On 18 November 2010, the Migration Advisory Committee (MAC), a body set up to advise the UK Government on UK immigration including the UK's points based system, recommended that the UK Government reduce immigration by up to one-quarter.
The MAC said that Tier 1 visa and Tier 2 visa immigration numbers should fall to between 37,400 and 43,700. In 2009, some 50,000 work related Tier 1 and Tier 2 immigrant visas were granted.
Both Tier 1 visas and Tier 2 visas would see an annual drop in visas of between approximately 3,150 and 6,300 if the Government follows the MAC recommendations. Moreover, it was recommended that Tier 2 visas for skilled workers with job offers from UK employers should receive priority over Tier 1 visas.
The MAC also advised that the Government should raise the threshold for earnings and qualifications. They even suggested that migrants may need to be stripped of their right to settle in the UK in future if immigration numbers are to be reduced.
However, according to the Commons Home Affairs Select Committee, the proposed cap may affect fewer than 1 in 100 migrants entering the UK.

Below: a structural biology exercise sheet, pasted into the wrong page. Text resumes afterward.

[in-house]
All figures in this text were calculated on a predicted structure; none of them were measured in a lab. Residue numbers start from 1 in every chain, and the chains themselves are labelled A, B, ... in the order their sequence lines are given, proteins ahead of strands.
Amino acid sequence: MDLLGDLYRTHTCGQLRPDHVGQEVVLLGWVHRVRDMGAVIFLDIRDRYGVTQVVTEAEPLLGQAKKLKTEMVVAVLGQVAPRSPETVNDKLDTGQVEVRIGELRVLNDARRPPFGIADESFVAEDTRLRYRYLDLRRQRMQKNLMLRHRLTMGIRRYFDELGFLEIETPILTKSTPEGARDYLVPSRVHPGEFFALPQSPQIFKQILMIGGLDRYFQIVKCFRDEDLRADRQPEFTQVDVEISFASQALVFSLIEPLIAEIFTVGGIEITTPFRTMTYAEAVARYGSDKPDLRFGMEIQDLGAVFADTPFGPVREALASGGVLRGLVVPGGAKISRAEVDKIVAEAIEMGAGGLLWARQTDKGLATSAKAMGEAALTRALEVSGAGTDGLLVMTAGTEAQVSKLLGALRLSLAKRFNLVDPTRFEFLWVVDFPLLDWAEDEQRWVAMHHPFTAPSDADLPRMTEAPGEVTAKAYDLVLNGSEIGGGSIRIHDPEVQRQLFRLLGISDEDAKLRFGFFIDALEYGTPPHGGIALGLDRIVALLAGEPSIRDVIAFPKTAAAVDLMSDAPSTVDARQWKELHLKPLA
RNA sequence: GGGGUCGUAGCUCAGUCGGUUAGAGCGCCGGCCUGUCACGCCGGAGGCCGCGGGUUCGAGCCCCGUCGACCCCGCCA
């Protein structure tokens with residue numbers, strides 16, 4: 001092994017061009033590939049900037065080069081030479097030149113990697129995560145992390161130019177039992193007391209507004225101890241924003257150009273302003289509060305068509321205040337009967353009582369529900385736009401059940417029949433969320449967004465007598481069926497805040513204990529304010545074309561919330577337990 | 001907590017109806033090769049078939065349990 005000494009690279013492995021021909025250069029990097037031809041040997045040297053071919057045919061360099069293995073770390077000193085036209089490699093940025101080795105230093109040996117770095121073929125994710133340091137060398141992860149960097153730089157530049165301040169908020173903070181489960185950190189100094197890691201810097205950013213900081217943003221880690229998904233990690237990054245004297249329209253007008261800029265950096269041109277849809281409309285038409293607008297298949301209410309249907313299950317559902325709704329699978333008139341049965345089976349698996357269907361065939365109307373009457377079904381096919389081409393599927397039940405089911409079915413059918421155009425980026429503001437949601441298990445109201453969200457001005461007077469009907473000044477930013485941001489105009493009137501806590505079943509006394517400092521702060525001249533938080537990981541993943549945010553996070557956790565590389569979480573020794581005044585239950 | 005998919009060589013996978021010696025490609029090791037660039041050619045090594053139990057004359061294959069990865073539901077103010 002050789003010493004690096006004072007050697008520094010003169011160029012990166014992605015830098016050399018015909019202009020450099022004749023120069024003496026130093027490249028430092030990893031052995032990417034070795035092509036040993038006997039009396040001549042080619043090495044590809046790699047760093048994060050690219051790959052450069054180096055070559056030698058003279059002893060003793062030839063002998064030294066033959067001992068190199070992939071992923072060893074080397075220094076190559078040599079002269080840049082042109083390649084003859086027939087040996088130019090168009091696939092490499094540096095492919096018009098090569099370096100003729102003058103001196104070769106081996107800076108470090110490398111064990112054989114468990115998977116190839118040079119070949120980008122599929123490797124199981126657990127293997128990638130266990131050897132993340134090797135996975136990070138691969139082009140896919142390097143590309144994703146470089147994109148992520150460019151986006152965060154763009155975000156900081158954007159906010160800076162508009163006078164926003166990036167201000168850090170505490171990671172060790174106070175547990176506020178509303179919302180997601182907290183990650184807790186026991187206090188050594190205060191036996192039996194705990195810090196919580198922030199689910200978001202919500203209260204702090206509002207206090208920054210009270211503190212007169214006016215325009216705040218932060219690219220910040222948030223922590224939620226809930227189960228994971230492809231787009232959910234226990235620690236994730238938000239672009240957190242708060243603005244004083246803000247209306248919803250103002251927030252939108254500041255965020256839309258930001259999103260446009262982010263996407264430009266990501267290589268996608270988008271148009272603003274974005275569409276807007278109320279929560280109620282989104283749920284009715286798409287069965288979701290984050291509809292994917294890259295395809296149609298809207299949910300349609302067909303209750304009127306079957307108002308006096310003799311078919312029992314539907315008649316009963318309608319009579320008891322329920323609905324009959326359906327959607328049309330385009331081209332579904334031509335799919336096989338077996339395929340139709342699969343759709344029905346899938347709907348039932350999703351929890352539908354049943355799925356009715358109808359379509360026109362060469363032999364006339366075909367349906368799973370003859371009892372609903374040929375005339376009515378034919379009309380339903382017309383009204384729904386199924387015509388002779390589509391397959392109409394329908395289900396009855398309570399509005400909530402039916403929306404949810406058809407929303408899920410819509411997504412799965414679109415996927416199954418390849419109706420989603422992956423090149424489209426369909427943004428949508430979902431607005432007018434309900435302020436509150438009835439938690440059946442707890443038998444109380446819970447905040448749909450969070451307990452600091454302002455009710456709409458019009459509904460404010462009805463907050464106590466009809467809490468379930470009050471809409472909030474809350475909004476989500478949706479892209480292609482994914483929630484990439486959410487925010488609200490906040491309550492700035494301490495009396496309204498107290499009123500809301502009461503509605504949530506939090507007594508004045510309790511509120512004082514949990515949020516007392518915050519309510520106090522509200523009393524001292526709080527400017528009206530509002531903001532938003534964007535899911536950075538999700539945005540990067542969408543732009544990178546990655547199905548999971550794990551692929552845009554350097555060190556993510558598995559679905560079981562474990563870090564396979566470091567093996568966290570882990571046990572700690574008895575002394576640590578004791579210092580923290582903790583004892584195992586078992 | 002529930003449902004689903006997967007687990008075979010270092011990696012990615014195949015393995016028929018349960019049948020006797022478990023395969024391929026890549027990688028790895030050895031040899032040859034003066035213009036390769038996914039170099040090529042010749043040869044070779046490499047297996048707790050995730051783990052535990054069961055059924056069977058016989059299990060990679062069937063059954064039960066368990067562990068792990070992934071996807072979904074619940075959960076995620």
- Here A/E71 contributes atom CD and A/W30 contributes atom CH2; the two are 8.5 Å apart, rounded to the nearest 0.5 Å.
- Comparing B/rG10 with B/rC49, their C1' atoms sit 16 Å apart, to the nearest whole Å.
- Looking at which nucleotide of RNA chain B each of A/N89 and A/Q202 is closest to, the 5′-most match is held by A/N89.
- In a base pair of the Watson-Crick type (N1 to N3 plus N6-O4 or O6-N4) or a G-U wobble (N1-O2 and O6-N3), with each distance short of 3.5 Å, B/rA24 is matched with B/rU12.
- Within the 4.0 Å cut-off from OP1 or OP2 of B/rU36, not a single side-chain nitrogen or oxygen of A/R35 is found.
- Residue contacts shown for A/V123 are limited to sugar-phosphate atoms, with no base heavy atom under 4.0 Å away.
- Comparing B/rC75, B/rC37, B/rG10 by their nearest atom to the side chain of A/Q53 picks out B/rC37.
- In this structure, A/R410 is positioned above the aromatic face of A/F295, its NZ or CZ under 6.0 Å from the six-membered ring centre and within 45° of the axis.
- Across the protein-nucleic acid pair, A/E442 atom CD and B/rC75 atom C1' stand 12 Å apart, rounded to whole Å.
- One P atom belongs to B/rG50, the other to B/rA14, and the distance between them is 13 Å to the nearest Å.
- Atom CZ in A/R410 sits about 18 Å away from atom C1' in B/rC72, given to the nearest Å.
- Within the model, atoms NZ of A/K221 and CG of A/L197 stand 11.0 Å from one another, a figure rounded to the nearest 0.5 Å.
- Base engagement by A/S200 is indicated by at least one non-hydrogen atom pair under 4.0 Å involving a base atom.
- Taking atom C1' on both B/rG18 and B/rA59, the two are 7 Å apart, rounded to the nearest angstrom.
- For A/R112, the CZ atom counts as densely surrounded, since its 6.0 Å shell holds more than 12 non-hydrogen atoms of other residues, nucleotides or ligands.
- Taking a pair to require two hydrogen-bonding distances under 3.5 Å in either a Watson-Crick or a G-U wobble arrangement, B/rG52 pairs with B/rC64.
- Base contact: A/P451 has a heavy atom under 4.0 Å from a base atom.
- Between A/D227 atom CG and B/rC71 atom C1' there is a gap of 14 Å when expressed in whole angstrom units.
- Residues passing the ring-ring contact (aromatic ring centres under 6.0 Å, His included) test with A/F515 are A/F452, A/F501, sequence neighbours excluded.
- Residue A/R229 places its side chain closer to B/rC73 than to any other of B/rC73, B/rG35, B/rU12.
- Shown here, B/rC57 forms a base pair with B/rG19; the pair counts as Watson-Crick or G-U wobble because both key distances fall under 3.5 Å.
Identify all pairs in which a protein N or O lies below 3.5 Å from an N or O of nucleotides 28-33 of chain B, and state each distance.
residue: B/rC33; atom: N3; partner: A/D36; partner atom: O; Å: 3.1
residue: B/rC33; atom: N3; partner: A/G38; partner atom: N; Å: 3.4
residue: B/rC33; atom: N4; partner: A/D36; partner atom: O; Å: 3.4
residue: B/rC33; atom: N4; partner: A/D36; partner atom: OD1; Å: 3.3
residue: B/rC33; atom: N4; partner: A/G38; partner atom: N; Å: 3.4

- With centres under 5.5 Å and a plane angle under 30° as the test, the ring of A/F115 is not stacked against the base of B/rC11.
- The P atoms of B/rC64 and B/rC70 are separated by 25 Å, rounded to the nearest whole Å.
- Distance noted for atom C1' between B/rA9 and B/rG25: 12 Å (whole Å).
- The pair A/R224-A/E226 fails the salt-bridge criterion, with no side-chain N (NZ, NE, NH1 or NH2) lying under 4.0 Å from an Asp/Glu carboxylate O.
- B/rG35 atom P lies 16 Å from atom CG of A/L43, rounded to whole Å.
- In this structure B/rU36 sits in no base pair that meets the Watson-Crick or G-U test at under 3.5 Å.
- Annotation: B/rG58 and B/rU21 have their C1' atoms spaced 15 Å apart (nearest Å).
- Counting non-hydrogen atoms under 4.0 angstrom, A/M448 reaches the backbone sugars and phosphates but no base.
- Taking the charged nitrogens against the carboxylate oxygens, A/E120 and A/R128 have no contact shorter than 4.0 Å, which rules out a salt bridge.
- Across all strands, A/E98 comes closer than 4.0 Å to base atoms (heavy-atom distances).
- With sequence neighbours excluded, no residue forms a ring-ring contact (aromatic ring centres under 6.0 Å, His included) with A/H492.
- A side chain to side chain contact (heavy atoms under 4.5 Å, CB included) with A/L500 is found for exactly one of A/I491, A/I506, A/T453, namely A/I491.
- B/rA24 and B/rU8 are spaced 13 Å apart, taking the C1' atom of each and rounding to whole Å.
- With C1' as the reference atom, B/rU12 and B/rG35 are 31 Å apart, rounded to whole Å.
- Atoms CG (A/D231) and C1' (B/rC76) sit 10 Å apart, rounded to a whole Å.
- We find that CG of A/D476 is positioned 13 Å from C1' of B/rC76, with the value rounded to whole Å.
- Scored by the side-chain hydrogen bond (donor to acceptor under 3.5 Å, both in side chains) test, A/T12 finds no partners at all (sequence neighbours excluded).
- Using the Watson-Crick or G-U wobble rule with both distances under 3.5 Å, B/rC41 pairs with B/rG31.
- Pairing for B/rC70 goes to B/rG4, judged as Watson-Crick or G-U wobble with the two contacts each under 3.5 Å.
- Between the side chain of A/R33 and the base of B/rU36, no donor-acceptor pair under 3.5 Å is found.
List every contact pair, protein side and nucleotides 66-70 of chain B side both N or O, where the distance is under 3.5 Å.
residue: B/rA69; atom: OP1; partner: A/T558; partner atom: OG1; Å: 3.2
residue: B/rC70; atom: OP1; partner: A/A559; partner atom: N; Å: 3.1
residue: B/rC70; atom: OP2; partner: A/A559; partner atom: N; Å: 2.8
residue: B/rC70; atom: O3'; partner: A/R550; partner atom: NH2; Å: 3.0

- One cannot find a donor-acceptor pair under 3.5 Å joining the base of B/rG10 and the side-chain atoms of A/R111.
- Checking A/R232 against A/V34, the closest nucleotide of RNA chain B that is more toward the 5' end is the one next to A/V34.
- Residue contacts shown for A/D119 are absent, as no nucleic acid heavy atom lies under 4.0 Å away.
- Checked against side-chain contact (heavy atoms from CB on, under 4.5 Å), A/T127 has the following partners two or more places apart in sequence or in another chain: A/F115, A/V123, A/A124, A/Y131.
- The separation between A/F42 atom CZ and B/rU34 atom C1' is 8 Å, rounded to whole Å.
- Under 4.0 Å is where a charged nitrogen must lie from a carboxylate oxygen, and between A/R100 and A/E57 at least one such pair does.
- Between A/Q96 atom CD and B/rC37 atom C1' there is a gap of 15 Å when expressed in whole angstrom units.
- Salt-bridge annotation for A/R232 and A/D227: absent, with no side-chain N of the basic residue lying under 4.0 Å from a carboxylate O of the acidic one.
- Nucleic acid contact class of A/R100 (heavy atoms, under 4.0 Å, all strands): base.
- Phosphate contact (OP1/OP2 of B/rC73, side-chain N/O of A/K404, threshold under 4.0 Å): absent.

Businesses were not happy with the recommendations, stating that reducing immigration would hurt Britain's economy. The recommended cut in immigration would result in fewer visas than the current interim immigration limit already in place. A permanent immigration cap is due to start in April of 2011.
The British Chambers of Commerce told Reuters that any cap would need to be flexible to allow global talent to flow into Britain. Universities UK, Britain's education body, said the plans would make it more difficult to bring in top students from outside the European Union.
The Government has yet to make a decision on the final numbers for the cap. They have said that steps would be taken to make sure that the cap would not damage the British economy. A statement released by the UK Border Agency said that Tier 2 visa intra-company transfers would remain exempt from any immigration cap.
"Britain will remain open for business, and we have already announced that managers and specialists will continue to be able to come to the UK through an exempted intra-company transfer route," Immigration Minister Damian Green said.
Green is seemingly trying to placate UK businesses by allowing in more skilled workers than expected. However, the situation remains uncertain. It seems likely that entry of skilled workers on tier 1 and tier 2 visas will become more difficult in future. Now may be a good time to consider your immigration options for entry to the UK.